This cool new demo of the rare Seamoon Studio Phase just popped up on youtube! And once you hear it you'll notice something interesting; that it oddly sounds way more like a flanger than it does a phaser. But what's even more interesting, is why... 

Before releasing the Studio Phase, Seamoon put out the very short-lived Studio Flanger. And when you peek inside the two they turn out to be almost identical! The biggest difference being the extra knob on the Flanger that selects between 3 different modes; Flange, Chorus, Phasing. From the research I've done, the official story was that because the functionality of the Flanger was much more than a singular modulation effect, they decided to modify that original design, removed the selector knob, and toned down the wilder settings. What they were left with was something they considered to be more of a phaser, which led them to change the name to the "Studio Phase". 

But the theory that makes a lot more sense (and is much more likely *to me at least) is that the people at Seamoon had just started the company A/DA (Analog/Digital Associates), and wanted something special for their introductory product, something that was unlike any other effect on the market. So they took the Studio Flanger design and continued to build on it, until they finally came up with what eventually became the legendary A/DA Flanger. This is all purely speculation, but discontinuing the Seamoon Studio Flanger, modding it to a tamer circuit, and renaming it so there would be little competition with their future product, seems to be the most believable reason for the birth of the Seamoon Studio Phase (*to me). 

And just to back up this theory, check out the A/DA labeled circuit board that's inside the Studio Phase:


Wherever the truth may lie, this is an awesome sounding pedal and is officially acknowledged as being one of the true precursors to the A/DA Flanger.

Thanks for reading,
-ed

Friday, August 19, 2022

D-B Industries / D&M Co. (Another Fuzz Mystery)...

A lot of what we do here at Tone Machines is dive headfirst into the nerdiest kind of speculation about the unknown details of otherwise unknown pedals. So get ready...

Over the last month I have been happily losing my mind digging through old photos (that go way back to 2002) of all the weird, unique, and super rare pedals I have come across on the net. This past week I made an interesting discovery when I realized that the rare D&M Co. Distorto clearly has a sister pedal, made by a company with a similar name, in the same town, and roughly at the same time; the D-B Industries Supertone!




When the Distorto came up for auction back in 2015, while I'm still pretty bummed I missed out on it, I was very pleased that it wound up in the hands of fellow pedal collector, Simon Murphy of Good Fuzzy Sounds. Which means we got some insight to it's character; he described it as, "a lot like the FZ-1... louder and slightly bassier". It's circuit is thought to be based on the Maestro FZ-1, it was probably built around 1966, and Simon even found a potential connection to the best Steppenwolf song:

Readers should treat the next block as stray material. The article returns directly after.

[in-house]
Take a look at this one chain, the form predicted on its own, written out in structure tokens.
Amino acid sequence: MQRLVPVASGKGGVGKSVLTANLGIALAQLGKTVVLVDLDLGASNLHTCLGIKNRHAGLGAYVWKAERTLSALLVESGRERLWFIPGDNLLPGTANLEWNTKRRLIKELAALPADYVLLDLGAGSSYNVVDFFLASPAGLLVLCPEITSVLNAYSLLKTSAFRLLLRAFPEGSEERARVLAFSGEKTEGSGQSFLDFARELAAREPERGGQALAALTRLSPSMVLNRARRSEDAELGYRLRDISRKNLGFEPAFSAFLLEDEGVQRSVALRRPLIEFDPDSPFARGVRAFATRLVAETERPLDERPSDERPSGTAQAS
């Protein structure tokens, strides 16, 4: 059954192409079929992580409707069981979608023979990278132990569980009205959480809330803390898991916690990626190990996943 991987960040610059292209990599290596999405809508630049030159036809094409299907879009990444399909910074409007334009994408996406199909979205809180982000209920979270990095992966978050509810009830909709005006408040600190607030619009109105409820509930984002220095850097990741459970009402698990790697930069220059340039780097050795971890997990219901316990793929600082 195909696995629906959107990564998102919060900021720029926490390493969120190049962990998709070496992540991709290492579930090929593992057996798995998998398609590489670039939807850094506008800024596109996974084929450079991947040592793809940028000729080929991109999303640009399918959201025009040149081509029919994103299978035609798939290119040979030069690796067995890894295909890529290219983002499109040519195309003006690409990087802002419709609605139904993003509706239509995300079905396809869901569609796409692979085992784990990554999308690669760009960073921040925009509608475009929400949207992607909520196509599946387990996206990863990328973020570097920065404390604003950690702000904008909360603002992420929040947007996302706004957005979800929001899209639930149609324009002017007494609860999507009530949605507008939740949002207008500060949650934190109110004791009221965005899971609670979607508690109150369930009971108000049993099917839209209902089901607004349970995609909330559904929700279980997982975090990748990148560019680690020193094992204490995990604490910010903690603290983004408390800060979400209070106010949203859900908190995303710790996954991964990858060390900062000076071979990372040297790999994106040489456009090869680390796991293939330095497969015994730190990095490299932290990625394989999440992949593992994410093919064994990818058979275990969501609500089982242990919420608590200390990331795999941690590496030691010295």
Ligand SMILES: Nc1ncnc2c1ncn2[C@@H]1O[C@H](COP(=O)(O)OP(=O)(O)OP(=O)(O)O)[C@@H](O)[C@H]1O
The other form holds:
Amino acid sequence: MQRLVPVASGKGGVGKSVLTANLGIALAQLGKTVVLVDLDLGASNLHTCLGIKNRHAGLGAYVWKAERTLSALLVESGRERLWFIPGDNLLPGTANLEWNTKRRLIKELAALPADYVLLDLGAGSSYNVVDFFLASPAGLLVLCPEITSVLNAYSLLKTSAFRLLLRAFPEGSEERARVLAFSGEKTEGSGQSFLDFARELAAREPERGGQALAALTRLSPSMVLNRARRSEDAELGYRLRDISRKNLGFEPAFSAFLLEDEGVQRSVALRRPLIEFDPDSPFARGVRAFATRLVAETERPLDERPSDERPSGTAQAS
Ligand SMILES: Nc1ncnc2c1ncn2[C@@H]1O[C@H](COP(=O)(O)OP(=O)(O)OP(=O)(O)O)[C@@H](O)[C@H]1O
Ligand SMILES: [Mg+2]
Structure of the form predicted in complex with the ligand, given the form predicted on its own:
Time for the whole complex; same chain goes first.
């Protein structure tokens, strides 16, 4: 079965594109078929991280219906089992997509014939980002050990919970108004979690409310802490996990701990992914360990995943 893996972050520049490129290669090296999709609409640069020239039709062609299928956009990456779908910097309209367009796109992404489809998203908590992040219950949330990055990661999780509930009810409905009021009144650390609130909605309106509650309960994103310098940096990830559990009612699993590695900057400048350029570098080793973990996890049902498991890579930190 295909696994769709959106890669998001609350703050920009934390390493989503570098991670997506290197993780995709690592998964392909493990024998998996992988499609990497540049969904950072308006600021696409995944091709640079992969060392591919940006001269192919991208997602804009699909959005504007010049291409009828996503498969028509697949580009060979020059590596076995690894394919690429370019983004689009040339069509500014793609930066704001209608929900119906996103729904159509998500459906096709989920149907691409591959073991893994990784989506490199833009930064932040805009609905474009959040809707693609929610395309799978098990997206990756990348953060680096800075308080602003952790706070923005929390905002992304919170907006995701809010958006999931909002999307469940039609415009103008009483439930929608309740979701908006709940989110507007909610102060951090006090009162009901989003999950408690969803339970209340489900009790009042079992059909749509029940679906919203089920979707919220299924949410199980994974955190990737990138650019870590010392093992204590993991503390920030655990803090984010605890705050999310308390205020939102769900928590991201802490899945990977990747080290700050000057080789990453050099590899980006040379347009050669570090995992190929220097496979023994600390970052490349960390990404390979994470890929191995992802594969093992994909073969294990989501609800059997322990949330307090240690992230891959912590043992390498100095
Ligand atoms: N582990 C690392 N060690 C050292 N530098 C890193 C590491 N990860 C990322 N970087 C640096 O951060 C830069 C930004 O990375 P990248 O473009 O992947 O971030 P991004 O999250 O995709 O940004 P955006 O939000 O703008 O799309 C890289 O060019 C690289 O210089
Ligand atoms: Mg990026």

Here's the text from a web chat in 2006 with guitarist Michael Monarch:

"Hey Michael, What type of fuzz box did you use on the song called "The Pusher" from the first album?" 

"Hello Robert... I had an old prototype distortion box called "Distorto" which I may have used. It was a silver homemade looking box with a big red footswitch button and the word Distorto on it. I don't know where I got it or what happened to it."

So that's super cool, and almost certainly is referencing the same "Distorto" we are discussing here. But what about the mysterious "D-B Industries Supertone", which I can't find any information on at all. anywhere. in the entirety of the internet. And the only real evidence that it even existed are these four photos I've had since the early 2000s...

The minute you start comparing these two you begin to notice the obvious similarities; the enclosure for both is a classic folded metal project box, the circuits may have different components but otherwise look pretty damn close, and the biggest similarity has to be those manufacturer stamps on the bottom plates (which while they are different fonts, follow the same pattern of company name-city-model name-serial number, all within a rectangle), oh and both were manufactured in Santa Ana, CA!

So have a look and see what you think. And please leave a comment if anything jumps out at you that could possibly tie these two together (or completely destroy my theory) even more!




Quick little Distorto Demo:

Unfortunately I don't know where the D-B Supertone now resides so there's no additional info (yet!). But I am hoping that maybe an old magazine ad pops up, or even better, another unit!

So if you happen to know any additional info about either of these please shoot me an email or message me on instagram. I would love to crack the case on this one.

And a big thanks goes out to Simon for the all the details and the video demo of the Distorto (go check out Good Fuzzy Sounds now!), and thank you for reading.

-ed